True Spiritual Worship John 4:1–42 -- By: John Broadus

Journal: Southern Baptist Journal of Theology
Volume: SBJT 02:4 (Winter 1998)
Article: True Spiritual Worship John 4:1–42
Author: John Broadus


True Spiritual Worship
John 4:1–42

John Broadus

Editor’s Note: SBJT does not share Broadus’ high opinion of Kant’s philosophy. We are committed to the primacy of scriptural revelation as opposed to personal religious experience. In Broadus’ defense, the full implications of Kant’s philosophy could not have been known in 1879 when this sermon was preached.

John A. Broadus (1827–1895) was a founding faculty member and the second president of The Southern Baptist Theological Seminary. One of the most renowned preachers of his day, he was also acknowledged widely as a skilled exegete and Greek expert. His two best-known works, The Preparation and Delivery of Sermons and A Commentary on Matthew remain in print over a century after his death. This sermon was delivered at the dedication of the Second Baptist Church in St. Louis in 1879 and has been edited for inclusion in SBJT.

Introduction

Jesus was tired. The little that we know of the history just before enables us to see why. He had been, for long months, engaged in active efforts to save men’s souls, to lift them out of their sluggishness and worldliness toward God. That is hard work for mind and heart. And he had been at work among many who were hostile. Some of John’s disciples were envious that their master was decreasing and another was increasing, though John said this trend was right and good. Further, when the Pharisees heard that Jesus was now making and baptizing more disciples than John, they were jealous. They made it needful that he should withdraw from Judea. So often during his brief ministry he had to withdraw from the jealousy of his enemies or the fanaticism of his friends and seek a new field. Worn out and perhaps sad at heart, the Redeemer sat alone by Jacob’s well.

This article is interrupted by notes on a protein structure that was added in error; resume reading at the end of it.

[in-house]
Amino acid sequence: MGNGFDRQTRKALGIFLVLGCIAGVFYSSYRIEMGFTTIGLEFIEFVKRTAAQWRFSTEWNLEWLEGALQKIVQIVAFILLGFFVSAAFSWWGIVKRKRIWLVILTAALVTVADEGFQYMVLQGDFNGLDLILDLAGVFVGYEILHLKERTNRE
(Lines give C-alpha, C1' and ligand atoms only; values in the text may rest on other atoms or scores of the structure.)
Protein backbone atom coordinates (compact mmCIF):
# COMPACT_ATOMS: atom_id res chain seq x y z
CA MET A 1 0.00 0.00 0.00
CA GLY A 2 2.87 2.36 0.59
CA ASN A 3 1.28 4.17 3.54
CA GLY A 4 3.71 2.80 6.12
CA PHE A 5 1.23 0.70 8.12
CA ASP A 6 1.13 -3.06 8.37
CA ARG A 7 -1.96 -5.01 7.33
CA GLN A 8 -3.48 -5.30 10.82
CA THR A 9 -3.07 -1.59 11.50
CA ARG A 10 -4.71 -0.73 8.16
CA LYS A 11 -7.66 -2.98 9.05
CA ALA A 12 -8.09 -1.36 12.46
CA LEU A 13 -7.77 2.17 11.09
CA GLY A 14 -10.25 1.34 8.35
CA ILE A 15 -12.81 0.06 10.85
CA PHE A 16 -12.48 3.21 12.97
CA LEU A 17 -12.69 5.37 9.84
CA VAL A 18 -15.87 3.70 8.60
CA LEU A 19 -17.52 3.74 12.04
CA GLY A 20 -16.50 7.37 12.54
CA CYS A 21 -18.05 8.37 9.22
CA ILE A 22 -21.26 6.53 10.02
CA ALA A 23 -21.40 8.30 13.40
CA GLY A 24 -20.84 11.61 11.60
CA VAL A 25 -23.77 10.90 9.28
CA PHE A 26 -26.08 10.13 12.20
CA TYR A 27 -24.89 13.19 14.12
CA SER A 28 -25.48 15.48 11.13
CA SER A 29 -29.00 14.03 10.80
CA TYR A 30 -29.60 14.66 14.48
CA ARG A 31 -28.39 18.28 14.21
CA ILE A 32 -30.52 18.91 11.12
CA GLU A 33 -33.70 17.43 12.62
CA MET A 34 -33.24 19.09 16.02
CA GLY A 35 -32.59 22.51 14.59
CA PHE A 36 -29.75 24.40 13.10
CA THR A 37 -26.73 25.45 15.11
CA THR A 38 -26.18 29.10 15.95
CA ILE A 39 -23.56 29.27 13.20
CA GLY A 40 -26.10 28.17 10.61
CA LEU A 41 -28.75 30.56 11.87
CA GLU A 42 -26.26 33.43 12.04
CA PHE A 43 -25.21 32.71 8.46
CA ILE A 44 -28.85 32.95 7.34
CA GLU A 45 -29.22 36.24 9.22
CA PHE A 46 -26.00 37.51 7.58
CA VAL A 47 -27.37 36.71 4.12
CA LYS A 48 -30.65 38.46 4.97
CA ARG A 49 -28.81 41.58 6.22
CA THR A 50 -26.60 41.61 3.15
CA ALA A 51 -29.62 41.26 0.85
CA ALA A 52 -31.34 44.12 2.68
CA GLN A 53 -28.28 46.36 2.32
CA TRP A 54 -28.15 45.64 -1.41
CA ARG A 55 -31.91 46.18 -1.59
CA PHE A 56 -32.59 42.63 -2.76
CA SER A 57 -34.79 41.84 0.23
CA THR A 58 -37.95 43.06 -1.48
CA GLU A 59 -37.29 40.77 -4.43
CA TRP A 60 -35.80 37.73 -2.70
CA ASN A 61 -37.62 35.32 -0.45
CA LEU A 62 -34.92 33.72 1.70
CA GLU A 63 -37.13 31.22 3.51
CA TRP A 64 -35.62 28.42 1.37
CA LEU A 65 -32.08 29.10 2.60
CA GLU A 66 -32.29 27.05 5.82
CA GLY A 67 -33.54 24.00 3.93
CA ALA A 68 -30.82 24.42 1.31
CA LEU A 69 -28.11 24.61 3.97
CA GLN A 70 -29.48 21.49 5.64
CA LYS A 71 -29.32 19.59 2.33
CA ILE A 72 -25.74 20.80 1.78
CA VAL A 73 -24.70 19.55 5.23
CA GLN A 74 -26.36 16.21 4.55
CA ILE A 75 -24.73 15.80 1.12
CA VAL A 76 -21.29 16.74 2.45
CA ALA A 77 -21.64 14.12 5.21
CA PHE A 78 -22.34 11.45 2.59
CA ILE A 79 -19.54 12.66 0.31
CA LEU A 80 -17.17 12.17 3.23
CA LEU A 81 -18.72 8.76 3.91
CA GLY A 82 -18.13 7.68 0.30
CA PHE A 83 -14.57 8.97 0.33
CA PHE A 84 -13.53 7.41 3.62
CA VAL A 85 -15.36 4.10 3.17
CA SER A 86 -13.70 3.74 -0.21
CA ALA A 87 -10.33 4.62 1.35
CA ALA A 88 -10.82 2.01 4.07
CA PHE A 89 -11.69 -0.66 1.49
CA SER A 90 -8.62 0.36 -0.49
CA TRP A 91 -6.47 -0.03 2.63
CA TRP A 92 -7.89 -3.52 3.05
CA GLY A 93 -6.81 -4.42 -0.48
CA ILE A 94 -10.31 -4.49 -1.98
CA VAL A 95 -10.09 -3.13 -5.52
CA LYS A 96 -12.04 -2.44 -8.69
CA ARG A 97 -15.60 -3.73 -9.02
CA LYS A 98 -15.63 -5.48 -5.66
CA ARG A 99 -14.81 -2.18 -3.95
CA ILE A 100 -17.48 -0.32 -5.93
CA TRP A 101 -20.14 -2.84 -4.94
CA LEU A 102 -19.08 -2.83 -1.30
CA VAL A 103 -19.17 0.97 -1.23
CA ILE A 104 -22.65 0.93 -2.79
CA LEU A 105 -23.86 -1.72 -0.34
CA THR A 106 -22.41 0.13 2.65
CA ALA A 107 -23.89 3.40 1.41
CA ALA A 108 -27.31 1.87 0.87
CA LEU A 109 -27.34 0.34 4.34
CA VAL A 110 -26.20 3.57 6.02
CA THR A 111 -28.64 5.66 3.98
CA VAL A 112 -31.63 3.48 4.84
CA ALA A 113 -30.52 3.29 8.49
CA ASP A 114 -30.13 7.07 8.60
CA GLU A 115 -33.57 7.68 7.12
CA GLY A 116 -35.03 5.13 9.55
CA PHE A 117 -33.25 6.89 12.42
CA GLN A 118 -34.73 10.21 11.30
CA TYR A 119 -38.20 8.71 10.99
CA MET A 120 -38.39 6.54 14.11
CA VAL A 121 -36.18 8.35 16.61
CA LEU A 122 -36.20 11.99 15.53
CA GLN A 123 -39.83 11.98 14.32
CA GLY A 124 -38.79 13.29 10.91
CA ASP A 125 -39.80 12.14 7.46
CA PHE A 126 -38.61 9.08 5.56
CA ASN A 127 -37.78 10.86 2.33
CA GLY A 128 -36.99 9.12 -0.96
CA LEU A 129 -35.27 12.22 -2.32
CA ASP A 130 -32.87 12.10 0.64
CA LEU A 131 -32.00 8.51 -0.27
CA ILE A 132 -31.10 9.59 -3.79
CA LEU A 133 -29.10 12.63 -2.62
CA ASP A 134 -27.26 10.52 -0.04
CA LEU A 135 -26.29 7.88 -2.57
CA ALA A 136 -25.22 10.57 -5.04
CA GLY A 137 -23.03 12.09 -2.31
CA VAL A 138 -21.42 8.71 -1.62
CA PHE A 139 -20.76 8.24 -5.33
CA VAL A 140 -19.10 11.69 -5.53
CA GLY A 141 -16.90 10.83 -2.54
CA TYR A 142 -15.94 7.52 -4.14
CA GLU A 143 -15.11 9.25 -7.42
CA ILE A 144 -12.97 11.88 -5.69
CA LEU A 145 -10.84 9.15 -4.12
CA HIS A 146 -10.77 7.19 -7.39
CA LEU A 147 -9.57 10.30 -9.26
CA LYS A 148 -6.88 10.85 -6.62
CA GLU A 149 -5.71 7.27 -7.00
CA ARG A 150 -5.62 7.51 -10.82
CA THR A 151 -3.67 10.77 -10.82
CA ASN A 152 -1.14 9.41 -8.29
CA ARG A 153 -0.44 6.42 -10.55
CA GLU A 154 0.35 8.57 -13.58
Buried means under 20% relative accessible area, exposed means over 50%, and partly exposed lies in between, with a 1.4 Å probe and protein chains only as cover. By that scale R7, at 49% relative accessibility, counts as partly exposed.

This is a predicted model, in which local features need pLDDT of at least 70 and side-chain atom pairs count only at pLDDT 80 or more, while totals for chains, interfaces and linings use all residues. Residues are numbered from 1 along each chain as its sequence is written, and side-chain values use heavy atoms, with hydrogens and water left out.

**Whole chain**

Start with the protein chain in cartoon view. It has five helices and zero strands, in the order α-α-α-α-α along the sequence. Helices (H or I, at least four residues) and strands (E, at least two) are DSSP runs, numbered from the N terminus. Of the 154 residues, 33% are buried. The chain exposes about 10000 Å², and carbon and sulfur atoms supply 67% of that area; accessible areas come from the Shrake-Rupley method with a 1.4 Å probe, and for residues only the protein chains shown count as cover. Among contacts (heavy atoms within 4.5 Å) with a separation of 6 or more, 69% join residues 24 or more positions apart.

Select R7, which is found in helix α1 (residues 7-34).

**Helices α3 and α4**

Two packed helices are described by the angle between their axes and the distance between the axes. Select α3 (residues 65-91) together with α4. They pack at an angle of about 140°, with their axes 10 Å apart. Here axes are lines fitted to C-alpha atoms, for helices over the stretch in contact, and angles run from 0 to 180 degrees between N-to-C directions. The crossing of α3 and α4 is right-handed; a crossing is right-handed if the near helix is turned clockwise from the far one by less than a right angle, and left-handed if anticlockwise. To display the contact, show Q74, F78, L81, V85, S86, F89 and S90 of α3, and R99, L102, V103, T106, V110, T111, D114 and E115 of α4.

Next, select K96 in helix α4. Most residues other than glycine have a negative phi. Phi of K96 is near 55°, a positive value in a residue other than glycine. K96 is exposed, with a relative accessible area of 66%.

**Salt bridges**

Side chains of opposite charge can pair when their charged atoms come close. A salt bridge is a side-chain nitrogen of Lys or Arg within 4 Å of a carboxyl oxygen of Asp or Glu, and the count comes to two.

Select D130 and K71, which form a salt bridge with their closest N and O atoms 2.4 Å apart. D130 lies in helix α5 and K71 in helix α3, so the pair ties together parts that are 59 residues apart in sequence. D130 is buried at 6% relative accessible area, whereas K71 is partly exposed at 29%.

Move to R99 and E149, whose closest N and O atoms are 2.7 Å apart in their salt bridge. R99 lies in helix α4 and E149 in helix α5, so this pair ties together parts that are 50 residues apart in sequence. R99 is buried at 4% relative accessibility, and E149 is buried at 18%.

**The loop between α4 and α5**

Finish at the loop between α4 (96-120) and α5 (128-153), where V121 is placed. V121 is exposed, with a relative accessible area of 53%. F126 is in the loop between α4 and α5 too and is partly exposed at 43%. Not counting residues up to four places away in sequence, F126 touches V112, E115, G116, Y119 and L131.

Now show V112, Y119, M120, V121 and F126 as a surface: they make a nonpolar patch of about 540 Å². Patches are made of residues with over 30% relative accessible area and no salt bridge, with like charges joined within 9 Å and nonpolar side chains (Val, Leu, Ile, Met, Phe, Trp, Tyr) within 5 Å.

But now there was an opening to do good, and he who “went about doing good” would give up even his needed rest to do good to the least and the lowest. The disciples wondered not that he was ready to do good, for they had seen that often already. Rather, they wondered that he was talking with a woman, for that was contrary to the dignity of a man according to the ideas of that time and country. They wondered because they knew not yet what manner of spirit they themselves were of or that they had to deal with high saving truths that break through all weak conventionalities in their own ministries.

They would have wondered more if they had known what he knew full well, which was that she was a woman of bad character, but that he saw in her potencies for good. He won her to faith in the Messiah and sent her forth to tell others to come and see “a man who had told me all things I ever did” (v. 29). Beautif...

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